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We aren't allowed to carry out Post Mortems.

They won't even let us provide the Breast Screening Service, which we offered to do for free.

There's just no fun any more.


Today is the day you worried about yesterday - and all is well !
#13994 16/03/06 11:56 AM
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Hero
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Hero
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They asked us to do specimen collection for Urology but we said that was taking the p**s.


My spelling is not bad. I am typing this on a Medigenic keyboard and I blame that for all my typos.
#13995 16/03/06 12:37 PM
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Philosopher
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As well as helping out in Gynaecology but we haven't practised wallpapering the hall through the letterbox!!


Sometimes You Can't Make It On Your Own.
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Super Hero
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Super Hero
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Before this thread degenerated into 'mirth', it was quite interesting (I thought so, anyway). Can anyone add to it again now, I wonder? Meanwhile, to see how seriously others take this topic, check-out the titles of some of the award-winning papers at the AAMI website. smile


If you don't inspect ... don't expect.
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Hero
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Hero
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Geoff,
As you know I am a keen advocate of risk centred maintenance. The rest of the ebgineering world has accepted this is the way to go - even NASA. I know some EBME depts have been forced down this route, but even if they weren't its the way to go. smile


Be Proactive and reactive.
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Philosopher
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But doesn't risk centred maintenance take us back to the old chestnut:-

Do you test and maintain equipment in line with measured/perceived risk or in line with the manufacturer's recommendations?

The first is typically argued around money and time.

The second is generally backed up with 'what happens when you stand up in front of the judge?'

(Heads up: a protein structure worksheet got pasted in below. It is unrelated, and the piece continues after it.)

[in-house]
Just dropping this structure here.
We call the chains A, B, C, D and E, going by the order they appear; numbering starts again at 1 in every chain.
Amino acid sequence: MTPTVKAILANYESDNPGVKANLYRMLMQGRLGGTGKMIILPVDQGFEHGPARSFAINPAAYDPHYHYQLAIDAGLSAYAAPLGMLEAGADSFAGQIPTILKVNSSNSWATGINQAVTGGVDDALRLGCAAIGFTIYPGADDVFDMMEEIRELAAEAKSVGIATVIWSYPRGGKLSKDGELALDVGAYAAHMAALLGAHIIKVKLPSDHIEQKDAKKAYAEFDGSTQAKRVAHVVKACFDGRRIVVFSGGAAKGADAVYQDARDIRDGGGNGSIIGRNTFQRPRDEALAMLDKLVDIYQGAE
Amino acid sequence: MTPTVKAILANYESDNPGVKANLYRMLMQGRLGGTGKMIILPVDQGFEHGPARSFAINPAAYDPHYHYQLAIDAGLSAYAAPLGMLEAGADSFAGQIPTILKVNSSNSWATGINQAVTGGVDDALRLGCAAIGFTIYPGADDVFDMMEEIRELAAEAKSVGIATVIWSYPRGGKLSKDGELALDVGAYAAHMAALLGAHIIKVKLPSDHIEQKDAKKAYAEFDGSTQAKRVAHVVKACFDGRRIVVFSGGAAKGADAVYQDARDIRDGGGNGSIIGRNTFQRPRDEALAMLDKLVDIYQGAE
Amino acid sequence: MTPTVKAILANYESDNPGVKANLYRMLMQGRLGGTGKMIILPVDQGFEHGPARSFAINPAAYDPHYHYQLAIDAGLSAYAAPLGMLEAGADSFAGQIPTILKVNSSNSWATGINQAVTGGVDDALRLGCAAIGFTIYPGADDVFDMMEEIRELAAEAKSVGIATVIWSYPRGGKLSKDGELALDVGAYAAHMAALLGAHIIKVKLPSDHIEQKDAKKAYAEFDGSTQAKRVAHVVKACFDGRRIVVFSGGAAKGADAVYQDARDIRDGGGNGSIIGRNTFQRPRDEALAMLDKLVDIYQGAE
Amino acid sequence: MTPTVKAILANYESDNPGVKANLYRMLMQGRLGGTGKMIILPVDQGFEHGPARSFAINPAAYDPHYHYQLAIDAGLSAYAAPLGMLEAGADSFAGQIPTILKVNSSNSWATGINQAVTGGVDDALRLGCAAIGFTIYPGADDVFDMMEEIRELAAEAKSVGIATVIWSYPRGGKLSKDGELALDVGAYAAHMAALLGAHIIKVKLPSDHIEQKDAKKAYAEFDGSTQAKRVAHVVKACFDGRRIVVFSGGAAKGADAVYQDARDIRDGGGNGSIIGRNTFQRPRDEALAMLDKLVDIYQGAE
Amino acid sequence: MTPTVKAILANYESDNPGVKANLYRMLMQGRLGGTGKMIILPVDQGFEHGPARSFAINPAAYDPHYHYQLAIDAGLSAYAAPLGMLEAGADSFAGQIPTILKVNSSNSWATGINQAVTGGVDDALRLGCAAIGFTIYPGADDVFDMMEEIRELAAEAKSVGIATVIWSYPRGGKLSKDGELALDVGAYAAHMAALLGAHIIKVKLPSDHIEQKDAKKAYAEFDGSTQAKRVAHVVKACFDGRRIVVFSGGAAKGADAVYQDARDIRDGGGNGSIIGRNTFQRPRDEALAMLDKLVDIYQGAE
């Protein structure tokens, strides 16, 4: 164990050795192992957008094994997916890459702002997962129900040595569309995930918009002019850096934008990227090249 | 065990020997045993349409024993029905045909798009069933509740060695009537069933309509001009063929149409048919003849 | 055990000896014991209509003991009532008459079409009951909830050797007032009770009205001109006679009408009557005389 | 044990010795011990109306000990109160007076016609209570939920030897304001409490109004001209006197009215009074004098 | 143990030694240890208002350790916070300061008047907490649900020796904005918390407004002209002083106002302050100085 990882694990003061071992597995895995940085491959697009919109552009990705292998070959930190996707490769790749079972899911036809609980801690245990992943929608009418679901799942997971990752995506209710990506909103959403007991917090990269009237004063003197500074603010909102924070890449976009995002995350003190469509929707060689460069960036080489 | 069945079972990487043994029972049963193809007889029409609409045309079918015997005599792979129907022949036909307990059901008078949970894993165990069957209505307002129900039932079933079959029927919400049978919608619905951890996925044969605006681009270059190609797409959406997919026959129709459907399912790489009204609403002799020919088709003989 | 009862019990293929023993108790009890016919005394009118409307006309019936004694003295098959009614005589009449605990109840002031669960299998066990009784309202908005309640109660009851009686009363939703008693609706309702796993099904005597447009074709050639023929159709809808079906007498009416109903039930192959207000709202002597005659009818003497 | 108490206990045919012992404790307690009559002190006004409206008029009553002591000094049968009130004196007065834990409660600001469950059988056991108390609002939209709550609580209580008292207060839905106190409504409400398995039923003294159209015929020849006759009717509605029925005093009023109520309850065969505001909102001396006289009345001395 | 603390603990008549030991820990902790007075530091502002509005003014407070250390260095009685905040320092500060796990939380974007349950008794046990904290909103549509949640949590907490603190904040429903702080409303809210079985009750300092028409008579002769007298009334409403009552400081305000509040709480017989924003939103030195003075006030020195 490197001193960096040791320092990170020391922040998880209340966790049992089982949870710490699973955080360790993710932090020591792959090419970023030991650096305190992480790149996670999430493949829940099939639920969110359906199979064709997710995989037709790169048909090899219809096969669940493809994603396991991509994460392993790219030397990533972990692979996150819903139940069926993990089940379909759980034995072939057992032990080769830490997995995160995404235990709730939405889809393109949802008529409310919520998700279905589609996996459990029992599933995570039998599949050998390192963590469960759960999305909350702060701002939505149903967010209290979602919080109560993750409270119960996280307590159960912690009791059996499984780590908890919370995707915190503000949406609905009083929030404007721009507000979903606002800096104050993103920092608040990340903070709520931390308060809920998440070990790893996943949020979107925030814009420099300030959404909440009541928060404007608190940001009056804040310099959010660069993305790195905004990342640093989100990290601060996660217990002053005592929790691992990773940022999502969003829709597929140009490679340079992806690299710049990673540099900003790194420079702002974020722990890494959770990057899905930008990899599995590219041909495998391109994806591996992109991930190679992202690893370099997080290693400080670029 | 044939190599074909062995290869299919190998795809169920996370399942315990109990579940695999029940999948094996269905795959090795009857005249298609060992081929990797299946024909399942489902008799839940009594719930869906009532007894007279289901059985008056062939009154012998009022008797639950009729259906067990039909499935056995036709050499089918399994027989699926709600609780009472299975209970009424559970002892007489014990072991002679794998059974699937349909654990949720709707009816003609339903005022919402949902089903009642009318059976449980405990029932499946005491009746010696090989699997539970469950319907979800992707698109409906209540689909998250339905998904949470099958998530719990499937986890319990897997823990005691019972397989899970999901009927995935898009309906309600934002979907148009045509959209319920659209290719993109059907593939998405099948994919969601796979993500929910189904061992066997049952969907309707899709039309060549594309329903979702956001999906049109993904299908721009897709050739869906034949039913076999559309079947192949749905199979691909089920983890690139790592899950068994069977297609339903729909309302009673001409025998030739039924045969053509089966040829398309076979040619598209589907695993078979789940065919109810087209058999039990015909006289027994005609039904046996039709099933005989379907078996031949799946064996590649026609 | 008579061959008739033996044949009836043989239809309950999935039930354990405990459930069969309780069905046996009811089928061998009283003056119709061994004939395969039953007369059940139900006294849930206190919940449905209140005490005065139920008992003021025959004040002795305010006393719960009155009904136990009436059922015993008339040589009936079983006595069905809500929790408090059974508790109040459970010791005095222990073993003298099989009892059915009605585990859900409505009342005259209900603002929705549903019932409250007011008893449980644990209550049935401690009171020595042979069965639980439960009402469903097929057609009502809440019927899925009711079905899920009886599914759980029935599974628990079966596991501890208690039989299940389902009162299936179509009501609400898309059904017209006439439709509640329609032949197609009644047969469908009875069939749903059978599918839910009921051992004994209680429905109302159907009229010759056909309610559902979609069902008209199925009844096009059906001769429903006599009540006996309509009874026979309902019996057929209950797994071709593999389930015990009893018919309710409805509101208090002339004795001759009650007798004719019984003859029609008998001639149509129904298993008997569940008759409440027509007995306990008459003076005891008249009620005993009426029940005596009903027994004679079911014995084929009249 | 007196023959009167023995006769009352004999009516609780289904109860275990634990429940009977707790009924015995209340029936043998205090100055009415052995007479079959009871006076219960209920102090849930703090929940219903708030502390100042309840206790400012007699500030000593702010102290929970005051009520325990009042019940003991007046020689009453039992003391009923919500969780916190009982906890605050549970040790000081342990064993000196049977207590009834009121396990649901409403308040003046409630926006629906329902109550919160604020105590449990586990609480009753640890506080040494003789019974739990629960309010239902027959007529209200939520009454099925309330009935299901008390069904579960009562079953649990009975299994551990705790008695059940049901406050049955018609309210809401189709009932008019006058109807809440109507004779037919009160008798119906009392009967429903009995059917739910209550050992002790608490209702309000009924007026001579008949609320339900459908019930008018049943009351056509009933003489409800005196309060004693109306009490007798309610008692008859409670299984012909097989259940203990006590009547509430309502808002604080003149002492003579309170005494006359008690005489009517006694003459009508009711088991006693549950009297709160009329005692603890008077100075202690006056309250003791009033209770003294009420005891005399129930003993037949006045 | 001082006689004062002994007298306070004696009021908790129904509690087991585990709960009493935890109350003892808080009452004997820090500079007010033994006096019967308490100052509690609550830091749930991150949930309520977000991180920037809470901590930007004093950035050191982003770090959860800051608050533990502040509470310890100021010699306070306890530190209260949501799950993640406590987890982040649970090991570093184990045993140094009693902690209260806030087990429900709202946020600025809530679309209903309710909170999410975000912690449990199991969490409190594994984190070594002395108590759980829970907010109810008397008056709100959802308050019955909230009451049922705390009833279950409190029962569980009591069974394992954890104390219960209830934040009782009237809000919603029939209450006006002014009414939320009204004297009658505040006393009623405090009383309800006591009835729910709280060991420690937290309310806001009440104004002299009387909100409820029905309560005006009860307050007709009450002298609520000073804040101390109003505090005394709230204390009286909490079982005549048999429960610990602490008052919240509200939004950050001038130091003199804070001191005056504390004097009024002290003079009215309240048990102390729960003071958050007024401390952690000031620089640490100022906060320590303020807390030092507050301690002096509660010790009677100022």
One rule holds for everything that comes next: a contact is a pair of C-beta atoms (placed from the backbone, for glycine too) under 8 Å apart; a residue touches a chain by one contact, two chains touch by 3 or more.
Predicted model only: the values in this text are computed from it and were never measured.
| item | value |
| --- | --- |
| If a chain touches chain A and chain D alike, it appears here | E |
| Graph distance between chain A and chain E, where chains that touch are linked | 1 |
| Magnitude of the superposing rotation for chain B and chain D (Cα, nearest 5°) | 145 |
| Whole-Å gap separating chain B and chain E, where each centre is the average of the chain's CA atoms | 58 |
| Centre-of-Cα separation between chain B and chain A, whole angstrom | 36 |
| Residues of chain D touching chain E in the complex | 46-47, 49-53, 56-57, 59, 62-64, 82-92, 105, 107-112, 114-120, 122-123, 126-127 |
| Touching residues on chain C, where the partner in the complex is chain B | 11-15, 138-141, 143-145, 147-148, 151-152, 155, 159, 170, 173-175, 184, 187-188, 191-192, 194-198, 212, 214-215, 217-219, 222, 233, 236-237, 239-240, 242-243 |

Lee


Don't forget "we've never had it so good".
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Super Hero
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Super Hero
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No, it has nothing to do with time and money. The first is argued around the perceived risk (ie, to the patient) if the equipment fails. I don't believe that manufacturers' manuals look at things in that way at all (do they)? Surely any judge can understand that?

And (as John has alluded to), how come NASA, mining companies etc. 'get away' with this approach?

I might add that, having been in this game for more than thirty years, I have yet to stand before a court of law and explain why or why not I was carrying out maintenance. Perhaps I've just been lucky? smile


If you don't inspect ... don't expect.
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Nor me but I've only been "at it" for twenty.

Lee


Don't forget "we've never had it so good".
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Master
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Master
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Geoff
I'm an old stager like yourself of 35 years in. We probably have been fortunate not to stand up in court and explain our actions. I remember attending a course many moons ago before risk management was even thought of, where the chair was a barrister. I recall, that the prosecution is going to argue that the equipment failed due to lack of maintenence and will have a copy of the recommended interval and procedure at his disposal, along with an "independent" technical expert. The judge will only deal with fact and unless you can prove that you have performed an extensive foolproof risk analysis, taking into account manufacturer's recommendations, I don't think you'd stand a chance. NASA etc may get away with it, but if you remember the steelworks in South Wales a couple of years ago, and other large industries, have been heavily fined by the HSE for not having adequate maintenance schedules. The HSE has made massive inroads in the NHS over the last few years, coupled with the American style of litigation that has also appeared, I personnaly, would not like to put my neck out so close to retirement.
Graham

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Super Hero
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Super Hero
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Nicely put, Graham. My only rebuttal would be:- define “adequate maintenance schedules”. Can the H&SE help us there, or are they only in existence to react to our failings? What we need is guidance, leadership even … where is it? Or put another way, if “Nanny” really does know best, where is Nanny to be found? smile


If you don't inspect ... don't expect.
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